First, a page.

RSS

Leafcutter Bee Cuttin’ a Rug on Milkpea

20 Aug

Megachile sp. (the bee)

Galactia volubilis (the pea)

Fabaceae—the legume family


Today is movie day at the blog.  No worries, the movie only lasts a minute or two, literally. It shows the convergence of two wonderful species.

Milkpea by John Bradford

Eastern Milkpea is one of a trio of species so closely related they are tough to discriminate.  The present species is a climbing vine found across the southern U.S. and beyond.  It loves scrub habitats locally, and when spunky can cover old stumps, fallen trees, and living bushes.  

MP by JB. The pollen lies within the central groove.

Pea-type flowers are complex.   I always wonder to what extent they are specialized for certain pollinators or for pollinator groups, if not single species.  Yes, it is possible to find diverse visitors to a pea-flower-type. Even so, there may have been a “key demographic,” just like I am sometimes a “visitor” at Bed, Bath and Beyond, but not the target demographic.  Fact is, I’ve seen wasps and “other” bees on Eastern Milkpea, but it sure gets along well with Leafcutter Bees. The fact that the bee opens the flower to access the pollen, and then the flower snaps shut as the bee departs is remarkable in itself, IMHO.

Leafcutter bee, abdomen down

And why does a Leafcutter cut leaves?   Not for salad, but to line its nest in a hollow cavity.  Some folks who like them (I do) put out bundles of bamboo sticks, where the bees nest in the hollows.   They collect pollen by capturing it in the hairs on the underside of their abdomen, which consequently looks yellow on some individuals.  

Abdomen up

There must be a reason the bee raises its fanny, bending it toward is head.   It took some internet searching, but aha! there is it is, in a 1964 Masters thesis by a very observant C. E. Osgood (relevant passage shown at end of blog).  When the abdomen is lifted and bet forward the hairs spread apart out straight to gather pollen like a comb from the legs, then when the abdomen is lowered, the hairs  push the pollen up against the abdomen and trap it. More or less.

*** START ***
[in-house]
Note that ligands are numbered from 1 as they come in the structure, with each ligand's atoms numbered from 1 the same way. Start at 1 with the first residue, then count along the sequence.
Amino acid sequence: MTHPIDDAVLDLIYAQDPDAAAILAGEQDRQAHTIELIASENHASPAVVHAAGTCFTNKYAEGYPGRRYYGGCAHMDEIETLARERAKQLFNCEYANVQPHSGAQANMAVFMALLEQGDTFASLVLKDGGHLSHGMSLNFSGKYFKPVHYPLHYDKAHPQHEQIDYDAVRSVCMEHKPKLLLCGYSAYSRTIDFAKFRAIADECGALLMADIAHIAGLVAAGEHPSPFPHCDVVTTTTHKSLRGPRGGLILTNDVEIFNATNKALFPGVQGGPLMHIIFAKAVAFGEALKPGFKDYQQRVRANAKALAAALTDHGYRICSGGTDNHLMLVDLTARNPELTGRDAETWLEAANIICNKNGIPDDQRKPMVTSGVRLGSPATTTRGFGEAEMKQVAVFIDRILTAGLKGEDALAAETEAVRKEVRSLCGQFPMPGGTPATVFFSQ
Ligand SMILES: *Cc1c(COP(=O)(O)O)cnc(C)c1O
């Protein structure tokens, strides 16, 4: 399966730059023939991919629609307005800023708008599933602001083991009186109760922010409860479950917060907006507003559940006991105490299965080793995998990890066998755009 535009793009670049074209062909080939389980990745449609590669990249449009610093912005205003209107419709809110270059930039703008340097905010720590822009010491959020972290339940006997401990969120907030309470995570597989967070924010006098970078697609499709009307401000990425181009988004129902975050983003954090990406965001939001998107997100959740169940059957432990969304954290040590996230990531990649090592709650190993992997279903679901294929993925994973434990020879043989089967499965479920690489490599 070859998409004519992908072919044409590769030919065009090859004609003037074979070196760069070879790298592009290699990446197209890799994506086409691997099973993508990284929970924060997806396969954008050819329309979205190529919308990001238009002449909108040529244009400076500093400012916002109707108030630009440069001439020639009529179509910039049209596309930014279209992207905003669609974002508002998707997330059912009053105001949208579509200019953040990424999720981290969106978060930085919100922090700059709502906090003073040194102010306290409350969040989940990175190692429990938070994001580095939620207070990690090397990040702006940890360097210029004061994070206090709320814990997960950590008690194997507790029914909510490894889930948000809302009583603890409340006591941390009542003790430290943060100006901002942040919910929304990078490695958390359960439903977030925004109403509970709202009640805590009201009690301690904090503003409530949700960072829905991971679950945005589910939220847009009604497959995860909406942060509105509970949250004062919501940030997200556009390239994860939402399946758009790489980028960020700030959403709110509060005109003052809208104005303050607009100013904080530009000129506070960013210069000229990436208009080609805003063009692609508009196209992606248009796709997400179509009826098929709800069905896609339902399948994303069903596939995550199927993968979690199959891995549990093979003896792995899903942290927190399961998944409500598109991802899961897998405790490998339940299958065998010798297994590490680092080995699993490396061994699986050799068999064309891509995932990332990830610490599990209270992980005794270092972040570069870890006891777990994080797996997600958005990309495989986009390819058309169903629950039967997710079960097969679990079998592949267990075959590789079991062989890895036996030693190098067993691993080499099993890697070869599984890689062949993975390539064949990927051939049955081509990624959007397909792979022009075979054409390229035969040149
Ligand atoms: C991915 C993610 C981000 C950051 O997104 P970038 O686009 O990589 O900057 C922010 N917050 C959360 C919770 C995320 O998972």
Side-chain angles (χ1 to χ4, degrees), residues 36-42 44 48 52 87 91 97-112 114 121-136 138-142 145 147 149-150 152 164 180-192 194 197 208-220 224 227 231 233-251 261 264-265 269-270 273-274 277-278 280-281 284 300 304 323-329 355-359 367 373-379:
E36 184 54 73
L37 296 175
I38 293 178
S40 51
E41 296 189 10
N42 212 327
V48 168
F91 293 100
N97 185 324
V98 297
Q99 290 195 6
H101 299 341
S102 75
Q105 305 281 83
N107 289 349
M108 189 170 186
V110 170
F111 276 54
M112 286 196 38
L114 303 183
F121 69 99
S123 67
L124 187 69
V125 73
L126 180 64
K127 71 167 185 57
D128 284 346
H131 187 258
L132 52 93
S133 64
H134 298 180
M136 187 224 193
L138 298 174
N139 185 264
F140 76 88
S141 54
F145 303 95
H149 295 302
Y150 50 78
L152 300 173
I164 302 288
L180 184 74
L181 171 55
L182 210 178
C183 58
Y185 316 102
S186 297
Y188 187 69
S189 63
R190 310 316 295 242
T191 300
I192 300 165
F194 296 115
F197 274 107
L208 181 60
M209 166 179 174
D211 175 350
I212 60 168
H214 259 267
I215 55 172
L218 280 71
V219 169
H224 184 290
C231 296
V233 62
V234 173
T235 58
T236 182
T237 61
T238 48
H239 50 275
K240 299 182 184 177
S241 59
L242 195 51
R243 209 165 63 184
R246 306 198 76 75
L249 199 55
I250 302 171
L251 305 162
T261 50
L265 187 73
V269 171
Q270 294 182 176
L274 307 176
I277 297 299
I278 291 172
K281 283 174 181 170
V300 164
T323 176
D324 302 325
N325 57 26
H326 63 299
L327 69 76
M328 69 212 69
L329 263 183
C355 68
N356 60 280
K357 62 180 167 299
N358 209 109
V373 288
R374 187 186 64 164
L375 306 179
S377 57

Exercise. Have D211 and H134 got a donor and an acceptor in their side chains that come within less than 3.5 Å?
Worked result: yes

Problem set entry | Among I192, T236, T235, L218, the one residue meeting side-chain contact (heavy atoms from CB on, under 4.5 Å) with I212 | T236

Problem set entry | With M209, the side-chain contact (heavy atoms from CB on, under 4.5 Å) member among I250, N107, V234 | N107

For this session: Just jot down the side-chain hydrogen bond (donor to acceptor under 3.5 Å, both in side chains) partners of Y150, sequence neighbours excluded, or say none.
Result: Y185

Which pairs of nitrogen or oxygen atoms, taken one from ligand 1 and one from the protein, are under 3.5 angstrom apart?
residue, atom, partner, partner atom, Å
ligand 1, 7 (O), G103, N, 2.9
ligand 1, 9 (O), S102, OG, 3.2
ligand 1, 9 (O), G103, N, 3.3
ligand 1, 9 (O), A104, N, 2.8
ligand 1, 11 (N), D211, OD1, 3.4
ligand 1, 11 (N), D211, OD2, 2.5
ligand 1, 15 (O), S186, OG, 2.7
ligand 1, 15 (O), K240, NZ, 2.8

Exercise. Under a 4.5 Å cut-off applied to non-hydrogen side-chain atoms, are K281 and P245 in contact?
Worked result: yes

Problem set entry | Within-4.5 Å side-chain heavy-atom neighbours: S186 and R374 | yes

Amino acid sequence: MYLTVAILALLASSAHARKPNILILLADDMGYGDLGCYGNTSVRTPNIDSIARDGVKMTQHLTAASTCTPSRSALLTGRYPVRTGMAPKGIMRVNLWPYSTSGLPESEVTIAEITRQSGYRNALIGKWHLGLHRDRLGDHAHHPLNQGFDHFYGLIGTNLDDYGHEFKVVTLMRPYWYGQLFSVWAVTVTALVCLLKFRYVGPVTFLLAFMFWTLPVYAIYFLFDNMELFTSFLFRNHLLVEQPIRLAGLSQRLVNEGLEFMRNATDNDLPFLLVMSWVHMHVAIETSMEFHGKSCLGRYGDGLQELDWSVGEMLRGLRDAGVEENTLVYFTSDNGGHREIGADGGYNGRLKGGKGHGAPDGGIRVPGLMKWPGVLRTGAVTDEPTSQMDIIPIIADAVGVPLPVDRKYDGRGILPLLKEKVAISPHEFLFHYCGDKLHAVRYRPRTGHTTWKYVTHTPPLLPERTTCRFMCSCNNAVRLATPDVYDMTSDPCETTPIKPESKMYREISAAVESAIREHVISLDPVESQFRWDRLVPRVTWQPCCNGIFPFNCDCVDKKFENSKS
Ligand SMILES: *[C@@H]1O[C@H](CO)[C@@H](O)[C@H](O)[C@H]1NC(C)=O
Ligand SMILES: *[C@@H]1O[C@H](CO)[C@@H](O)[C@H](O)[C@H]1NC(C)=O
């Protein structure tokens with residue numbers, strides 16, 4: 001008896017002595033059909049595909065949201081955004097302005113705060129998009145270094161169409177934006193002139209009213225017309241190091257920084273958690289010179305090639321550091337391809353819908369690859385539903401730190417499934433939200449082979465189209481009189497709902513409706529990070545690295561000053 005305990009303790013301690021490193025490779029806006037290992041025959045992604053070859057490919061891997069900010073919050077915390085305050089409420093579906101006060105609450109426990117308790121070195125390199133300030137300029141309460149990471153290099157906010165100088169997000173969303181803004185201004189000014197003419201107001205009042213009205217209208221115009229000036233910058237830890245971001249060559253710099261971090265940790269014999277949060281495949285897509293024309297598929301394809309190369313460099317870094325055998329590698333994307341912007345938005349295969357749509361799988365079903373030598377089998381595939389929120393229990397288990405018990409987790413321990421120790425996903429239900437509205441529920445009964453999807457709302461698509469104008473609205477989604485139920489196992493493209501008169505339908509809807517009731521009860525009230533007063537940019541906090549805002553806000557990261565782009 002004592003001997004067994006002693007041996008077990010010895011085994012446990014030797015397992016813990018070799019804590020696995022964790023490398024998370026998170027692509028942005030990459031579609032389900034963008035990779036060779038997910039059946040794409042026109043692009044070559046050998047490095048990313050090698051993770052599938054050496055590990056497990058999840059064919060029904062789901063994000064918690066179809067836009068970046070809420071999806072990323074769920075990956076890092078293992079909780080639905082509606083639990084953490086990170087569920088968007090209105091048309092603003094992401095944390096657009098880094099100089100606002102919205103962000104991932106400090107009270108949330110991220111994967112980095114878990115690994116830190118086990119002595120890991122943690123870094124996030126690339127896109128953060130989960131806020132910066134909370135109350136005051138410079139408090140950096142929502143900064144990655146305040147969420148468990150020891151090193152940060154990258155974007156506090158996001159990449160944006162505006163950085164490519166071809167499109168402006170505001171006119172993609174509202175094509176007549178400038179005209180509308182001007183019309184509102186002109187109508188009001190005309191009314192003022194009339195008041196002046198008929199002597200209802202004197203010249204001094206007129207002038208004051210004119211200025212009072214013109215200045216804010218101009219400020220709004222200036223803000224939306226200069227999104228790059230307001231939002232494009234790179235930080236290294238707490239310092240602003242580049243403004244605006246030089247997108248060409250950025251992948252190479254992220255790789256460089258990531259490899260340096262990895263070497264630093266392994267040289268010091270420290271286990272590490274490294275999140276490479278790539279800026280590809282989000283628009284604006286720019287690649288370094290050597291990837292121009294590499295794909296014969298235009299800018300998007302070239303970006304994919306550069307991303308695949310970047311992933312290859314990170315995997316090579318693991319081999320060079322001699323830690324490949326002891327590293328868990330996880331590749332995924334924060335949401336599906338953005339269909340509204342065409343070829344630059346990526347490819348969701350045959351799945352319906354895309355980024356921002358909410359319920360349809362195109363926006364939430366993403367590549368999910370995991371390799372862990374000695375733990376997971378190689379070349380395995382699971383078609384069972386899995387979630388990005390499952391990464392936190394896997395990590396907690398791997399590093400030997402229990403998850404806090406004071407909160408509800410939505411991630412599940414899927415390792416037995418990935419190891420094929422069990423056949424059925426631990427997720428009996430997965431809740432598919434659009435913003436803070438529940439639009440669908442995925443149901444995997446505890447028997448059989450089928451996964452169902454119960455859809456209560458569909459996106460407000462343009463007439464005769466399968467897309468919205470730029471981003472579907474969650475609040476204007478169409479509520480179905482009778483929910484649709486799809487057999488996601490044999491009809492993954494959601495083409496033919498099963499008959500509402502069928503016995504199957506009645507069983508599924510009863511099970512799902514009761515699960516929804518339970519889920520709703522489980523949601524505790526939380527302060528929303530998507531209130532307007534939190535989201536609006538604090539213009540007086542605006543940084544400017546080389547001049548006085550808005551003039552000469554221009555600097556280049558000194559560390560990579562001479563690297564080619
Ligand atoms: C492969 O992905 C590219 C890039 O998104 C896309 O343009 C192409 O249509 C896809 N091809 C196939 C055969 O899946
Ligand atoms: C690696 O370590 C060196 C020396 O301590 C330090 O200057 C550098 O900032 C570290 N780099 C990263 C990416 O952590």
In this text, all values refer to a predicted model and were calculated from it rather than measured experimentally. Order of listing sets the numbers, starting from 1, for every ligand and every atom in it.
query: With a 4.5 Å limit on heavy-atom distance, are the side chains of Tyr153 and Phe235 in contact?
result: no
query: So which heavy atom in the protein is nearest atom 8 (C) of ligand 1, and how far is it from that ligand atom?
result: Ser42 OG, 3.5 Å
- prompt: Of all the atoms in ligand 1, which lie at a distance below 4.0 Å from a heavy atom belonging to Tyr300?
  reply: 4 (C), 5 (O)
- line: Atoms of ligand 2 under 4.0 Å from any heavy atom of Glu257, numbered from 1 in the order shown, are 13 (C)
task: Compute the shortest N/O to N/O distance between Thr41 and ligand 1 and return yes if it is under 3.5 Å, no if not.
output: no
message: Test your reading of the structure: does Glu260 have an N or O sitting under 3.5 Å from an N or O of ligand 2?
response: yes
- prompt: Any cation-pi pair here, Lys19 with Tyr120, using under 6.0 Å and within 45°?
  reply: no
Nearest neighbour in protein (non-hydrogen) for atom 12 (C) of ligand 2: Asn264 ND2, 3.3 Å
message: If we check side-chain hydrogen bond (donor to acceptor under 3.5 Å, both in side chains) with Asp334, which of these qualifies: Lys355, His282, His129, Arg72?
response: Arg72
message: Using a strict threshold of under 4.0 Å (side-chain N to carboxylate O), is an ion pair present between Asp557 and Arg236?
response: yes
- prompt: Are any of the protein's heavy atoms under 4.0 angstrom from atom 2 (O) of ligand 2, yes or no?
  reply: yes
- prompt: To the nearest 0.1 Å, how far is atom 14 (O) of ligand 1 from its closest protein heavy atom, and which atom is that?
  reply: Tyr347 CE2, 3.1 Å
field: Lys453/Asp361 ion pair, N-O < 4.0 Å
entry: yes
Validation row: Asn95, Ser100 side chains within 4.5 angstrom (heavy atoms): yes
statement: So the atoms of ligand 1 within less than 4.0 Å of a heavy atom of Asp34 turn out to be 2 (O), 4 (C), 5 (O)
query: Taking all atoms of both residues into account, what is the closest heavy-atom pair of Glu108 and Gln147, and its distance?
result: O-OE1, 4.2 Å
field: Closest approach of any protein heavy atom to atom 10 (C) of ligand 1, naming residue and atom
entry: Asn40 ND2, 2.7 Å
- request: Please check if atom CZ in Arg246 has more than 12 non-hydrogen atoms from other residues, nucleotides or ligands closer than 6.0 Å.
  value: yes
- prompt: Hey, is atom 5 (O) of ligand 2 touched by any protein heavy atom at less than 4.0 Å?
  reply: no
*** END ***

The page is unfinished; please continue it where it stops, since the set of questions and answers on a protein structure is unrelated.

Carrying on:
A movie was promised.  Get the popcorn. Here is the plotline:

  1. Leafcutter bee lands on Milkpea flower.
  2. The bee uses its hind legs to gather and transfer pollen to the abdomen, which requires a lot of moving the abdomen around. The pollen is yellow.
  3. Bee exists stage left.
  4. There’s more….
  5. Then look very very carefully and quickly:  at the center of the flower a tiny (I mean tiny!) black thrips (plant pest) pops out of the crease at the flower center for about a second, then ducks back into the groove. Why the furtivity?

Note: the cameo by the thrips is FAST. Don’t miss it.

  1. A gigantic (relative to the thrips) ant appears and seems to look exactly where the thrips was.   Can’t prove it, but I think that ant is hunting for some thrips.

Enjoy the show and CLICK HERE!

Yes, thrips is a singular word. “I saw a thrips today.”


Sez C.E. Osgood 164.
 
8 Comments

Posted by on August 20, 2021 in Uncategorized

 

8 responses to “Leafcutter Bee Cuttin’ a Rug on Milkpea

  1. Annie HIte

    August 20, 2021 at 9:57 pm

    I enjoyed your movie! Should the pile of bamboo sticks to serve as bee housing be placed in sun or shade and does elevation make a difference?

     
    • George Rogers

      August 20, 2021 at 10:06 pm

      Hi Annie….must admit I’m too much of a newb to give a meaningful answer. Wish I knew!

       
  2. Suzanne Koptur

    August 21, 2021 at 11:30 am

    Hi George, Got my popcorn ready, but no video came up, maybe you forgot the link? best wishes, Suzanne

     
    • George Rogers

      September 10, 2021 at 6:52 pm

      Hi Suzanne, just found your comment today. Seems there was some glitch with the video as it was uploaded but the gremlins stepped aside and it decided t work ok.

       
  3. Linda Cooper

    August 22, 2021 at 8:33 am

    No clickable link in your post for me. It just says CLICK HERE in plain black text. I would love to see the movie. I love your blogs but don’t often comment.

     
  4. Linda Cooper

    August 22, 2021 at 8:34 am

    Now there is a bee insert to click on! That was not visible in the original post. Thank you. I will watch now.

     
  5. Jay BIrder

    August 26, 2021 at 7:50 am

    Nail biting video…. so fun to watch. And all is well in the land of nature…

     
    • George Rogers

      September 10, 2021 at 6:50 pm

      Thanks Jay! Just found your comment belatedly today!

       

Leave a Reply

Fill in your details below or click an icon to log in:

WordPress.com Logo

You are commenting using your WordPress.com account. Log Out /  Change )

Google photo

You are commenting using your Google account. Log Out /  Change )

Twitter picture

You are commenting using your Twitter account. Log Out /  Change )

Facebook photo

You are commenting using your Facebook account. Log Out /  Change )

Connecting to %s

 
%d bloggers like this: